In fact, context is the key to all of it. We have to know that our expert is an expert in all the ways that matter for our problem, our question, our exploration of a topic. We have to verify, somehow, that the expert we're outsourcing our decisions and analytical thinking to is qualified within the context of our needs.

Autonomous vs Attributed Expertise

But, as it turns out, context isn't necessary in all cases of expertise. In fact, there may be two different types of expertise—autonomous and attributed.

As Hartelius puts it—

"One of the most frequently recurring themes in expertise research is that there
exists a tension between autonomy and attribution. ... For some, expertise is entirely comprised of a person’s relationship to her subject matter. ... Expertise is the term for superior competence. For others, expertise exists entirely in the signs and symbols of a person’s relationship to her environment and audience. It is an attributed state of being-with-others where one’s performance is evaluated irrespective of so-called 'real knowledge.' When expertise is autonomous, other people’s recognition is irrelevant. A person can possess expert knowledge without the others’ acknowledgment. ... However, when expertise is attributed, it exists only as a symbolic relationship. One can be an expert only in so far as one is recognized as such."

Hartelius uses a proverbial astrophysicist to illustrate her point. If the astrophysicist has accreditations and certifications, and a body of work developed from her knowledge, she's an autonomous expert. She can continue using her expertise more or less "in the background," independent of anyone's opinions or perspectives. She doesn't need anyone to recognize her expertise in order to use that expertise in her work.

As knowledgable and good at her work as she may be, however, she may not be trusted for her opinion on the workings the universe. If she tells a layman, "We can determine that there is water on a planet a hundred thousand lightyears from Earth by observing it through the Hubble telescope," the layman may actually distrust that information. It may seem impossible. It may seem ridiculous. 

And that's where "attributed expertise" steps in. As Hartelius puts it, "The astrophysicist may know her stuff, but it does not matter if she fails to persuade others. As long as she is symbolically persuasive, it may be of no consequence whether or not the expert possesses superior knowledge. "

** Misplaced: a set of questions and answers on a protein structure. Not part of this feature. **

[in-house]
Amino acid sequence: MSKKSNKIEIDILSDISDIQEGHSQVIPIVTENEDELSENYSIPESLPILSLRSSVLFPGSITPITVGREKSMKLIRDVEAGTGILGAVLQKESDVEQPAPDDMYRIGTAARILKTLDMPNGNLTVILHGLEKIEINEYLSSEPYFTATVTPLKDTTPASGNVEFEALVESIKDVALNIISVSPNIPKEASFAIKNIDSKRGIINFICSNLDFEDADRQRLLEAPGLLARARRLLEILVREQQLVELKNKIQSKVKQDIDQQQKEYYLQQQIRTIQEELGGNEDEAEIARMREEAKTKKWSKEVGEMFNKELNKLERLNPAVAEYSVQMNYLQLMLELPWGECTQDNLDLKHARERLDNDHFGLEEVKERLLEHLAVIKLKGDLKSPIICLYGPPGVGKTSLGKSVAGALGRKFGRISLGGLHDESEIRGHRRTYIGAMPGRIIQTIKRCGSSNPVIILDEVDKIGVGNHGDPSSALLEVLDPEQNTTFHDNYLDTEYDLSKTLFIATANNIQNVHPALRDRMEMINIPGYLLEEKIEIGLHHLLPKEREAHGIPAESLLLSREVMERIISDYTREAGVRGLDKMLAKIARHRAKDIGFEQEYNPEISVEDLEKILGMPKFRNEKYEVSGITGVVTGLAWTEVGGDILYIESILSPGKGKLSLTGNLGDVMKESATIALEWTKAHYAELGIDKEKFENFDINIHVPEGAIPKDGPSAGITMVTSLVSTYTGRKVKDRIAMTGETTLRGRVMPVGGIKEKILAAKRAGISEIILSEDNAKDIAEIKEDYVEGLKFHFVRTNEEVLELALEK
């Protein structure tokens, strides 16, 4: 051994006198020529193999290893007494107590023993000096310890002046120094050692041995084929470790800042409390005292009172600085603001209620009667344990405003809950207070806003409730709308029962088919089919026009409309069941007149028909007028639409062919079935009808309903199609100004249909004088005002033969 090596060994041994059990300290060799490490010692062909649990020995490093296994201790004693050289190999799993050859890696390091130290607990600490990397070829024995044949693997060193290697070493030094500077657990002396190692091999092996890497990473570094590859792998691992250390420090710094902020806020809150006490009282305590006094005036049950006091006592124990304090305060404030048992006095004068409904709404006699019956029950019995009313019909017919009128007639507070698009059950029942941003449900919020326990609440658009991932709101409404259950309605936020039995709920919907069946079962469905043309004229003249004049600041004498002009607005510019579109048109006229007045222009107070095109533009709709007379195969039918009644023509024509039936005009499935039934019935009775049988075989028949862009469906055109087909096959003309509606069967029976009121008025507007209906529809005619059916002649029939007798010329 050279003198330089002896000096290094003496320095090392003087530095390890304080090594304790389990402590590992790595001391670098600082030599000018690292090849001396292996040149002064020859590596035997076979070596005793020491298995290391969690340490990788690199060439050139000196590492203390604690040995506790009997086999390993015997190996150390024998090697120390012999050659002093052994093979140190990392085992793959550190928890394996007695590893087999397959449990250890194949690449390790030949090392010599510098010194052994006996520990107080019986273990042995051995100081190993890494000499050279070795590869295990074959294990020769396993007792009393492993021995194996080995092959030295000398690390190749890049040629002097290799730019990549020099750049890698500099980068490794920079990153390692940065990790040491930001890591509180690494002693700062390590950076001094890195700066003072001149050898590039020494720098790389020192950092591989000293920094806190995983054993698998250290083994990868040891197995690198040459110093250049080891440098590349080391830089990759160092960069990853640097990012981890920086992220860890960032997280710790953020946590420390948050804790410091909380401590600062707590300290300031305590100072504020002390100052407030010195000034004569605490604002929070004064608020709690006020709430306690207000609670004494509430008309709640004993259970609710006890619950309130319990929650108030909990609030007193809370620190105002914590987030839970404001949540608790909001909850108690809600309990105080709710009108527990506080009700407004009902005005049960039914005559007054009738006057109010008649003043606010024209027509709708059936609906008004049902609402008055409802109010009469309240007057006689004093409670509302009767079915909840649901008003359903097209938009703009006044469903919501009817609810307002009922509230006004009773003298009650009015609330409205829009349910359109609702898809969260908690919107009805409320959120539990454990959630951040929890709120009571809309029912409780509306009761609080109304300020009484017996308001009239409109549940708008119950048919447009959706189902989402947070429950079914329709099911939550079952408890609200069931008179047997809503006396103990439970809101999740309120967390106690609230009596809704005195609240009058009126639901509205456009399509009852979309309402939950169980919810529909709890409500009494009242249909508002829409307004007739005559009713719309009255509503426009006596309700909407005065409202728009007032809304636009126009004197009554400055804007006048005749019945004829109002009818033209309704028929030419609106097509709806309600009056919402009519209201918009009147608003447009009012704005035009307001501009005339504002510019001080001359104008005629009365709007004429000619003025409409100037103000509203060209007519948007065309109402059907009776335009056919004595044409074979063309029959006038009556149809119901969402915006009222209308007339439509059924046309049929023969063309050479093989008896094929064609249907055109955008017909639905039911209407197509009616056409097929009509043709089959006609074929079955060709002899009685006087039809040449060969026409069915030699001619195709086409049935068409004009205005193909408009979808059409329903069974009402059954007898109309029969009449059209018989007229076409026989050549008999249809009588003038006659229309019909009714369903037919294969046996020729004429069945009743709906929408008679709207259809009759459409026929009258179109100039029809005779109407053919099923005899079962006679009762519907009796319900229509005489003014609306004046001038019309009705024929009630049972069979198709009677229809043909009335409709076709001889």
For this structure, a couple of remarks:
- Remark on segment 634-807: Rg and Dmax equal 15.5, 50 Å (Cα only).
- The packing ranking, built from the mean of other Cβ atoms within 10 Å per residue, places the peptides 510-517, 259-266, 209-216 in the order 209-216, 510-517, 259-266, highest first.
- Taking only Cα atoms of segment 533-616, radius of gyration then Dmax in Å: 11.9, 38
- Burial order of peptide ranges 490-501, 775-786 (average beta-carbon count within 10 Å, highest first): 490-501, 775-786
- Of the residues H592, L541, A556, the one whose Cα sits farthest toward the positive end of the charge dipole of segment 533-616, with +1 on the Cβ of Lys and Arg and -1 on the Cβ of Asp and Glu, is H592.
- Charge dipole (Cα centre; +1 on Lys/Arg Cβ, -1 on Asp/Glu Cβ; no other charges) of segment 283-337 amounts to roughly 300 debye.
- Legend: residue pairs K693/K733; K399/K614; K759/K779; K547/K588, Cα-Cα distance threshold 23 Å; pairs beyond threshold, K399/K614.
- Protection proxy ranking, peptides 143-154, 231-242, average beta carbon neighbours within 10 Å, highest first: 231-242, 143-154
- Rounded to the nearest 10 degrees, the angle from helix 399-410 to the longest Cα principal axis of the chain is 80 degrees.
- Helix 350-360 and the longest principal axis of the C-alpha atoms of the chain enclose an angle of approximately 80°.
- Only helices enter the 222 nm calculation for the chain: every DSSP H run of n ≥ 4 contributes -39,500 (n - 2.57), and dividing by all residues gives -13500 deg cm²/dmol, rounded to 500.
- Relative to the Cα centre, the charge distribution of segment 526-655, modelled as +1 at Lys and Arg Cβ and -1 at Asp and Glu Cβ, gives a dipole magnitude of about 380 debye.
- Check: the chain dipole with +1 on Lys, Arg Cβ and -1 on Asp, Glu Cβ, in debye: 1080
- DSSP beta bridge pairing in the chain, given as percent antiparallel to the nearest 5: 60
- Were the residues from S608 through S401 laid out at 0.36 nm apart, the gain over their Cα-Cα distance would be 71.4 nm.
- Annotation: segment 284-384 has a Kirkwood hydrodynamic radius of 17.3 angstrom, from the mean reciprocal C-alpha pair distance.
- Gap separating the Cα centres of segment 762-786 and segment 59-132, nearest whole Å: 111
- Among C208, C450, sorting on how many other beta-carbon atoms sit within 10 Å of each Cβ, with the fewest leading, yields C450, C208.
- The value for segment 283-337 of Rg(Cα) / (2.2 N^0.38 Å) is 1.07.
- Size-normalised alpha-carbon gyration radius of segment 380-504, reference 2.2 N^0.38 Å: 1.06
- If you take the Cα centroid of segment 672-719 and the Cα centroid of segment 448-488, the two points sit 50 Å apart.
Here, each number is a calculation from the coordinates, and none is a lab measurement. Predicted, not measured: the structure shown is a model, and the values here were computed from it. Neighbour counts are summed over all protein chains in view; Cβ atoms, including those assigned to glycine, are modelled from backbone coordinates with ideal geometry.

In other words, we may have our symbols of expertise—degrees, published papers, a body of work— and we may really, really know our stuff, but we may not be considered experts until someone says we're an expert.

Social Proof

When we're looking for experts to trust with our outsourced decisions and analysis, we depend on criteria and qualifications that have meaning to us, and that we see as proof. Sometimes, that will be social proof rather than academic or professional proof.

In light of any other evidence, or the lack of any prior knowledge on our part, we will often fall back on a time-honored method of determining someone's expertise: Do they look like an expert?

Social proof sounds like it might be entirely superficial, but it actually goes deeper than we think. Ultimately, it's building on certain cues and signs we've learned to recognize as we grant authority to someone. We look at someone's website to see if it looks "professional" (another subjective term). We look for typos, or bad photos, or a gaudy color scheme—signs of an amateur. We look to see what they've written about in their blog, to determine if it agrees with our expectations for an expert in their field. We look to see if anyone else has given this person a testimonial—the holy grail of social proof. 

If other people respect their expertise, that's a sign that we can too.